Tested with Nyxt 2 Pre-release 5.Upcoming versions can be built from source.
The package manager interface profits from the Nyxt minibuffer to allow for quick fuzzy-search and multi-selection actions.
Why in Nyxt?
One might wonder: why include a package manager interface in a web browser?
In short, a package manager allows us to integrate more easily with external programs and services. For instance, if we want to add an interface to IPFS, we can automatically install the required dependencies (after prompting the user of course).
With a functional package manager like Nix or Guix, it's even better, we can leverage the
guix environment commands to run commands without installing them (i.e. without polluting the user environment).
Guix interface implementation details
Guix was the first interface we developed. This choice was made for two primary reasons:
Being functional (in the mathematical sense), it is possibly the package manager with the broadest feature set. If our interface is complete enough to support Guix, then it's probably complete enough to support any other package manager.
Being written in Guile Scheme (which is a Lisp), we can naturally "talk" to Guix with no necessity for cumbersome language bindings or brittle shell output parsing.
This last point is key:
Guix has a
guix repl command, which is an interpreter (just like the one you'd get when running
python). Our approach is to start the interpreter, send it some Guile code and read the result.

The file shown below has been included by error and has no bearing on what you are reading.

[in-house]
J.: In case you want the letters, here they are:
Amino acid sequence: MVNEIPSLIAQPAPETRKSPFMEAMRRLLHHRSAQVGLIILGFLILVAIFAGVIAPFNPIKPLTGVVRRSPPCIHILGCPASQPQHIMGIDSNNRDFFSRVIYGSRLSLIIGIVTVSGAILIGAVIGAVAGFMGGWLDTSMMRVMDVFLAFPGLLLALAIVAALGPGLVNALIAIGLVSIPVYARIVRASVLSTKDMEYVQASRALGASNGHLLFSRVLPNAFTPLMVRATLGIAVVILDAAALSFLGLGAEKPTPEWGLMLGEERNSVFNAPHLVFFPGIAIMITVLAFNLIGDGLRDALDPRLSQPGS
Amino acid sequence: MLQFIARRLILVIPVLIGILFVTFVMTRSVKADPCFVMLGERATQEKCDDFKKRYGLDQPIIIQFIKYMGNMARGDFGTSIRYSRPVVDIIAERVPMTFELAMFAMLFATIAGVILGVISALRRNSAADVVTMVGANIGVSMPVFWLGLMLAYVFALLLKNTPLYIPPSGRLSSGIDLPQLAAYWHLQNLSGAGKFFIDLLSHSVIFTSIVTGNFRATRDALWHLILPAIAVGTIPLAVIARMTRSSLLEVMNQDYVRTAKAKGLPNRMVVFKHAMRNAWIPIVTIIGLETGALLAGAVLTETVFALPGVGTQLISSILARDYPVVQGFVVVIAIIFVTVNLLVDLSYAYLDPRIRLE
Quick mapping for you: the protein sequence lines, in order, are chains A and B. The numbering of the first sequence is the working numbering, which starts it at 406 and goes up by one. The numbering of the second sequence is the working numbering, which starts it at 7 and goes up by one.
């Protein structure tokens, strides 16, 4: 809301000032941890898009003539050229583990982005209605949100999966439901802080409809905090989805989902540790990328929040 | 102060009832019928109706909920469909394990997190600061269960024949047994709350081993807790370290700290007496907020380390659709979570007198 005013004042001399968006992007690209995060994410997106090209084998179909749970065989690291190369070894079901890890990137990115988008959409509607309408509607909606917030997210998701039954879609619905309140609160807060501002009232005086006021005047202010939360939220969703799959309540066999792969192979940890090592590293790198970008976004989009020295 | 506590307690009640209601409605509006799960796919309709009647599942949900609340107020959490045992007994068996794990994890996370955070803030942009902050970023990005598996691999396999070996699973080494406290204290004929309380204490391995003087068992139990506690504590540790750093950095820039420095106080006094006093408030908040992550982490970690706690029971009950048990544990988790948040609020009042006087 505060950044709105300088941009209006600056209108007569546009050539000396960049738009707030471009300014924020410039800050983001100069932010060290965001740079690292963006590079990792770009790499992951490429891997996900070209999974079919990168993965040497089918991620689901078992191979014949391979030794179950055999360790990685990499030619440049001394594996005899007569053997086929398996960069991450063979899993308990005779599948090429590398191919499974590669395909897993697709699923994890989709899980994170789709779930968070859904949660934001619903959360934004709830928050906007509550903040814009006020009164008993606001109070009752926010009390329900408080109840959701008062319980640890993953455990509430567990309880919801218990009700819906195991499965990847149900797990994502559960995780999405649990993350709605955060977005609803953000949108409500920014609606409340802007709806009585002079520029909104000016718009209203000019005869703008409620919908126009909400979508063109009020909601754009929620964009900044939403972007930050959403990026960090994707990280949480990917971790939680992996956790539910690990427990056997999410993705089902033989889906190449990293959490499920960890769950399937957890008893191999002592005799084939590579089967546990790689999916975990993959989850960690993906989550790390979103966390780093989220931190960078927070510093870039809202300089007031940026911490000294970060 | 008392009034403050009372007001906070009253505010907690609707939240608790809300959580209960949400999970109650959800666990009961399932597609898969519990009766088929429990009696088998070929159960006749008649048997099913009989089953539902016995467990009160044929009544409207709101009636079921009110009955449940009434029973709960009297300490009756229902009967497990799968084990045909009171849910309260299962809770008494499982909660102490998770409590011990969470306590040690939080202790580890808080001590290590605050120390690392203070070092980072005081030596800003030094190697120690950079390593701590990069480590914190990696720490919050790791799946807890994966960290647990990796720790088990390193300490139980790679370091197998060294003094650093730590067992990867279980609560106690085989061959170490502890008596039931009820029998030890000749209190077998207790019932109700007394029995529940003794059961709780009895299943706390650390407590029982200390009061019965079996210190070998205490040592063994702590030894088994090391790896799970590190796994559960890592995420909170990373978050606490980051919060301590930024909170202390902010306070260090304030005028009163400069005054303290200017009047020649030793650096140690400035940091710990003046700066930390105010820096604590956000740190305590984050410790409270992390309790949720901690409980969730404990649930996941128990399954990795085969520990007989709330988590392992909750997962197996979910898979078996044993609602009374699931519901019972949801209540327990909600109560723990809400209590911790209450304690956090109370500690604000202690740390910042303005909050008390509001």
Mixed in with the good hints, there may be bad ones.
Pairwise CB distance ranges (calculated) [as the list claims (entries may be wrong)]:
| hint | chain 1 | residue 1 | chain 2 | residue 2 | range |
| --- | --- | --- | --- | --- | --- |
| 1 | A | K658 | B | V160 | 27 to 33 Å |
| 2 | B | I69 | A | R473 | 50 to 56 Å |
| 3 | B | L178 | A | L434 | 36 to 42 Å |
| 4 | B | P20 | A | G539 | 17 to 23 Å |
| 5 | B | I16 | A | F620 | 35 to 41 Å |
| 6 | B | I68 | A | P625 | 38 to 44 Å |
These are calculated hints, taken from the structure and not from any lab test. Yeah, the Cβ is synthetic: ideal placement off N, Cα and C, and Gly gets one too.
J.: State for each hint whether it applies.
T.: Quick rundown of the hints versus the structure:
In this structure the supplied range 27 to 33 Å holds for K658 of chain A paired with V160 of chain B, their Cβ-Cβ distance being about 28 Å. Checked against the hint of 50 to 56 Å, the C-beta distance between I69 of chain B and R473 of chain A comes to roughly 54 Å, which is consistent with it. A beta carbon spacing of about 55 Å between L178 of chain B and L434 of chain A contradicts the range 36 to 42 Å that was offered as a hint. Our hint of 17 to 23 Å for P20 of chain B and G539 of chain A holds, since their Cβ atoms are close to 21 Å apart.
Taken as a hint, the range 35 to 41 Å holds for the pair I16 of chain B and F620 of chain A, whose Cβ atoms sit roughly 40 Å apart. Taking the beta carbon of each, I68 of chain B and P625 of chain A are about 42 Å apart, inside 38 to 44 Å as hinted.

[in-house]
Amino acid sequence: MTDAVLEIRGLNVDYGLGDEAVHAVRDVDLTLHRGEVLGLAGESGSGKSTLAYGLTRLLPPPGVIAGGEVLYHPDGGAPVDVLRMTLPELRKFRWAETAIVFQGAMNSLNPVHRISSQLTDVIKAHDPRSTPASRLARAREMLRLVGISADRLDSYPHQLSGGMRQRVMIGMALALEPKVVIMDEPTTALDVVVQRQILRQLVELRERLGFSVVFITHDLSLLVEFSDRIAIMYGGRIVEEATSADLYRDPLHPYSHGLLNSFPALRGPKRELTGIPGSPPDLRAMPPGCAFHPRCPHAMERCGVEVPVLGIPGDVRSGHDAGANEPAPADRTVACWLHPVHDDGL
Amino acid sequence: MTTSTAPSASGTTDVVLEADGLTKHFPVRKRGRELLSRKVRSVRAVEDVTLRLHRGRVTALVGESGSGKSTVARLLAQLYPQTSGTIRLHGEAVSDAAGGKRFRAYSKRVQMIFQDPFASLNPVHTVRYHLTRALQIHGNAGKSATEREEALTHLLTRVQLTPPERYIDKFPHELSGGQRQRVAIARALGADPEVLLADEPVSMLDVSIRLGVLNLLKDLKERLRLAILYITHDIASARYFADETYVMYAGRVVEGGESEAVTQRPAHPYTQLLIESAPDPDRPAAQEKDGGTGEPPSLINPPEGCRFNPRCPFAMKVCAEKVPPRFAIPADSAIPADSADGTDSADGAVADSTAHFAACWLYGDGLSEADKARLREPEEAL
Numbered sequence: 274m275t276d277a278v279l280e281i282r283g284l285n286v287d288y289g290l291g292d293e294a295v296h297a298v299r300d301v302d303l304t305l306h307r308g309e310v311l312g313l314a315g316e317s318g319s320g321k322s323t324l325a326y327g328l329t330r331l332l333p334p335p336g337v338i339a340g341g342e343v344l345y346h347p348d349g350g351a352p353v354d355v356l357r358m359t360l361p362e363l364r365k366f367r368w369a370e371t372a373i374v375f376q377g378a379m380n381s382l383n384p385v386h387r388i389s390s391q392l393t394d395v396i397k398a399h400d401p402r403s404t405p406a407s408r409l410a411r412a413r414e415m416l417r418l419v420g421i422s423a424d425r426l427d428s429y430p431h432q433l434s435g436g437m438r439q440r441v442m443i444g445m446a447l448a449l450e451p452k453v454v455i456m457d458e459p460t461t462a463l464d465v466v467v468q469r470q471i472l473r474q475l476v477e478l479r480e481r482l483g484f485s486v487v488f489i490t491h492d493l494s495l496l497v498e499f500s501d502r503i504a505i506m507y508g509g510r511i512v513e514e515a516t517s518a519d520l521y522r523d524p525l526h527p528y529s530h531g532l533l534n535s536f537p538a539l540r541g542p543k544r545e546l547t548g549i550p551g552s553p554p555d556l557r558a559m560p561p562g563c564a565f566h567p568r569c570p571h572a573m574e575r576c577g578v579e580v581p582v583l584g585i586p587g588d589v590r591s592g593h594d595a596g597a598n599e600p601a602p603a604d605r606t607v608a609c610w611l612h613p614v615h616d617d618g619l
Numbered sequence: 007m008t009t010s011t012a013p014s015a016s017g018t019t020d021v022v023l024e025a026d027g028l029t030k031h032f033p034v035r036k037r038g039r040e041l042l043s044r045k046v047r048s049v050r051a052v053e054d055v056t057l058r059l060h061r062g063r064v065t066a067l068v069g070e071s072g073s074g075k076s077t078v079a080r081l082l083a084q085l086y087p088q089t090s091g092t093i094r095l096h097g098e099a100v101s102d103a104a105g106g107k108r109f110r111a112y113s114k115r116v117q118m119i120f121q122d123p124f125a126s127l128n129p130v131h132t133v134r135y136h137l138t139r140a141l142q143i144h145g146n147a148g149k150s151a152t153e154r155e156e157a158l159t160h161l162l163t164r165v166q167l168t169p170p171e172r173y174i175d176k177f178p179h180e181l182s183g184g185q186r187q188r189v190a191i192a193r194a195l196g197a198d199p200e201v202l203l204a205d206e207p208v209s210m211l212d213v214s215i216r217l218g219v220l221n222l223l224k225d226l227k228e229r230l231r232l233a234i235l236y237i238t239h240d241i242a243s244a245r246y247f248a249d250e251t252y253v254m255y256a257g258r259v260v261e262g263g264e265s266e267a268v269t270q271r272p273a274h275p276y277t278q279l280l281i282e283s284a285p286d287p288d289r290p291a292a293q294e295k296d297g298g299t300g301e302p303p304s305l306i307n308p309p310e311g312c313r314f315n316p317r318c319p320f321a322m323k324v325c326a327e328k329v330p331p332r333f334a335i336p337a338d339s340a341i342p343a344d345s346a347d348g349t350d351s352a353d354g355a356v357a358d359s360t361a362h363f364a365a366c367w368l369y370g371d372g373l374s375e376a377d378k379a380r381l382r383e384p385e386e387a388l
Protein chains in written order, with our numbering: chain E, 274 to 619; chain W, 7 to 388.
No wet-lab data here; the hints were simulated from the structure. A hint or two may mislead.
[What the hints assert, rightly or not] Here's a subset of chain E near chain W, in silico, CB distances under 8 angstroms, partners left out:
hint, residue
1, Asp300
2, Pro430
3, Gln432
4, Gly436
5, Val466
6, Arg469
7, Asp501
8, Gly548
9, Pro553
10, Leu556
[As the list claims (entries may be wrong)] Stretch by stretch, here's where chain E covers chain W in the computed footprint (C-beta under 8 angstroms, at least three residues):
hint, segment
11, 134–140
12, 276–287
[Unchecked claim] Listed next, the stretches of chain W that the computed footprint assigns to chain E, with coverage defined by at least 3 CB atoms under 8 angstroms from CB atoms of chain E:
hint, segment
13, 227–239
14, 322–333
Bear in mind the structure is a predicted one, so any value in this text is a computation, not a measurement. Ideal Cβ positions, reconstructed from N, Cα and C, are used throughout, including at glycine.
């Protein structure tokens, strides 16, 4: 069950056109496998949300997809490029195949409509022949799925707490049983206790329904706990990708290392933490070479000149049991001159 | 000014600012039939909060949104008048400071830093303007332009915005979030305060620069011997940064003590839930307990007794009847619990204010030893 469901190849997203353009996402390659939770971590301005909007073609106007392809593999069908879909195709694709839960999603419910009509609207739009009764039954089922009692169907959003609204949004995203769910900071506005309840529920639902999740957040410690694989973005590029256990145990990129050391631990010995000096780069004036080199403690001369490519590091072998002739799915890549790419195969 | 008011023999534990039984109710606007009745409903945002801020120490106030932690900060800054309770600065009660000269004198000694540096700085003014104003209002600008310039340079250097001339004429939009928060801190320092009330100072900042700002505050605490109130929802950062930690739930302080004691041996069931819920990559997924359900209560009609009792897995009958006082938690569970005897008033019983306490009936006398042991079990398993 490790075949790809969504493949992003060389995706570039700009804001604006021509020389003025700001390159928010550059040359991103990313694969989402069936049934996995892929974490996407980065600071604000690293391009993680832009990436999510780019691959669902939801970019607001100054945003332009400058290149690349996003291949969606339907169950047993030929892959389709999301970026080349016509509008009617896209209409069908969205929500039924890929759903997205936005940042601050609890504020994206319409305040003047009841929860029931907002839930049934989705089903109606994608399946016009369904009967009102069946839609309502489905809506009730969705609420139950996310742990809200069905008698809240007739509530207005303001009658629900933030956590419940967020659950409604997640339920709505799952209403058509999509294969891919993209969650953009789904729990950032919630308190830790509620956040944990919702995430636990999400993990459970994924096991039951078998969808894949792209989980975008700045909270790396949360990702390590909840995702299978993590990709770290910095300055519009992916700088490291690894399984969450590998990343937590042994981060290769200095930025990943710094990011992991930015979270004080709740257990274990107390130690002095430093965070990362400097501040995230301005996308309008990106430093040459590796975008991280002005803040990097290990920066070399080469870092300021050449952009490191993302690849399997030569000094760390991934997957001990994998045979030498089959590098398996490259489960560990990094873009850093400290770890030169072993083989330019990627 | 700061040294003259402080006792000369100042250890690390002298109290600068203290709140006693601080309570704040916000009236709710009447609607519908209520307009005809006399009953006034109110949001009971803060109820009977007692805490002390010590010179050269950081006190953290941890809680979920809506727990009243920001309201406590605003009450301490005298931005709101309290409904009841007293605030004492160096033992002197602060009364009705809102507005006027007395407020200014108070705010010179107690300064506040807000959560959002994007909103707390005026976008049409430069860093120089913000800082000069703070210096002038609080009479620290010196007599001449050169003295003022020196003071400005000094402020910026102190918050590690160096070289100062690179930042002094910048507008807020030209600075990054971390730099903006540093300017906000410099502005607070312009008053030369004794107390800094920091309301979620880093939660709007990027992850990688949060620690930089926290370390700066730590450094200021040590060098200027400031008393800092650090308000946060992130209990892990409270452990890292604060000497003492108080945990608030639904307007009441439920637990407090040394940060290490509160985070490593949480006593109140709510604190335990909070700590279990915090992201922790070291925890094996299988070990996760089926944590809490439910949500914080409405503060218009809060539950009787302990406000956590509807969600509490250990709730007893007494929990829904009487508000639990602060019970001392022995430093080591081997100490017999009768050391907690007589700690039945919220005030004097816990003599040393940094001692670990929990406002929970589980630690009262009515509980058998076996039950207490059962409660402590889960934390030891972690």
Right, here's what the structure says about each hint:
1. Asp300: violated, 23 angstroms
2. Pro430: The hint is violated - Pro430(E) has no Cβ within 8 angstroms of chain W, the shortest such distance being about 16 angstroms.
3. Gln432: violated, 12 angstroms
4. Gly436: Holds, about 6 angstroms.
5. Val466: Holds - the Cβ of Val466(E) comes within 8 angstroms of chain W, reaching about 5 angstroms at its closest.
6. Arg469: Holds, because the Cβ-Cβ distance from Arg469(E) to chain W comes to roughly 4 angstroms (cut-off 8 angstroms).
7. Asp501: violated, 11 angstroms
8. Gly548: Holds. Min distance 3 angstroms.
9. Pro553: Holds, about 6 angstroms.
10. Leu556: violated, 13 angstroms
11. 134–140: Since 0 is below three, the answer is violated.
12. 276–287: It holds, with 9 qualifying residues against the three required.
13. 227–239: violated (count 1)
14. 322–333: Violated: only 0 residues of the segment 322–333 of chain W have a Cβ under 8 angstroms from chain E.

To start the process, we use
Note that the
guix process will automatically terminate when its input stream gets closed (which happens when Nyxt terminates).
To simplify, we can send instructions to the Guix REPL by writing Scheme code to the input stream:
Then we read the result with:
This should get us the current Guix version. It is really that easy!
Now this is where it gets mind blowing: we can write Guile Scheme code directly in our Common Lisp code base! While the syntax is similar, it's not completely interchangeable and the Common Lisp compiler will choke on some Guile Scheme symbols like
#f (true and false, respectively). The solution is to write reader macros. This is made easy thanks to the named-readtables library which lets us effortlessly switch between Scheme and Common Lisp syntax whenever, and wherever we want.
This is what our function to list installed packages looks like:
(defun list-installed (&optional (profile '%current-profile)) "Return the installed package outputs in PROFILE as a list of (NAME (:VERSION :OUTPUT)). PROFILE is a full path to a profile." (guix-eval '(use-modules (guix profiles)) `(define make-output ,%make-output) `(map make-output (manifest-entries (profile-manifest ,(namestring profile))))))
Notice that it allows us to intertwine Common Lisp and Guile Scheme. We define a Common Lisp function which evaluates a bunch of Scheme expressions which themselves expand other Common Lisp expressions!
In addition to more package manager support (Nix, Dpkg, etc.), we would like to extend our Common Lisp "system" management to bring it under the same interface, thereby providing a uniform experience for the user (whether installing Lisp systems or system packages).
Addendum: our experience with the Guix REPL has paved the way for more REPL interactions. This means that we are very close to implementing a universal REPL interface (à la Emacs'
comint-mode). This means supporting interpreters from programming languages such as Guile, or Python, and giving the user the possibility to fiddle with foreign code from within the browser itself!
Thanks for reading!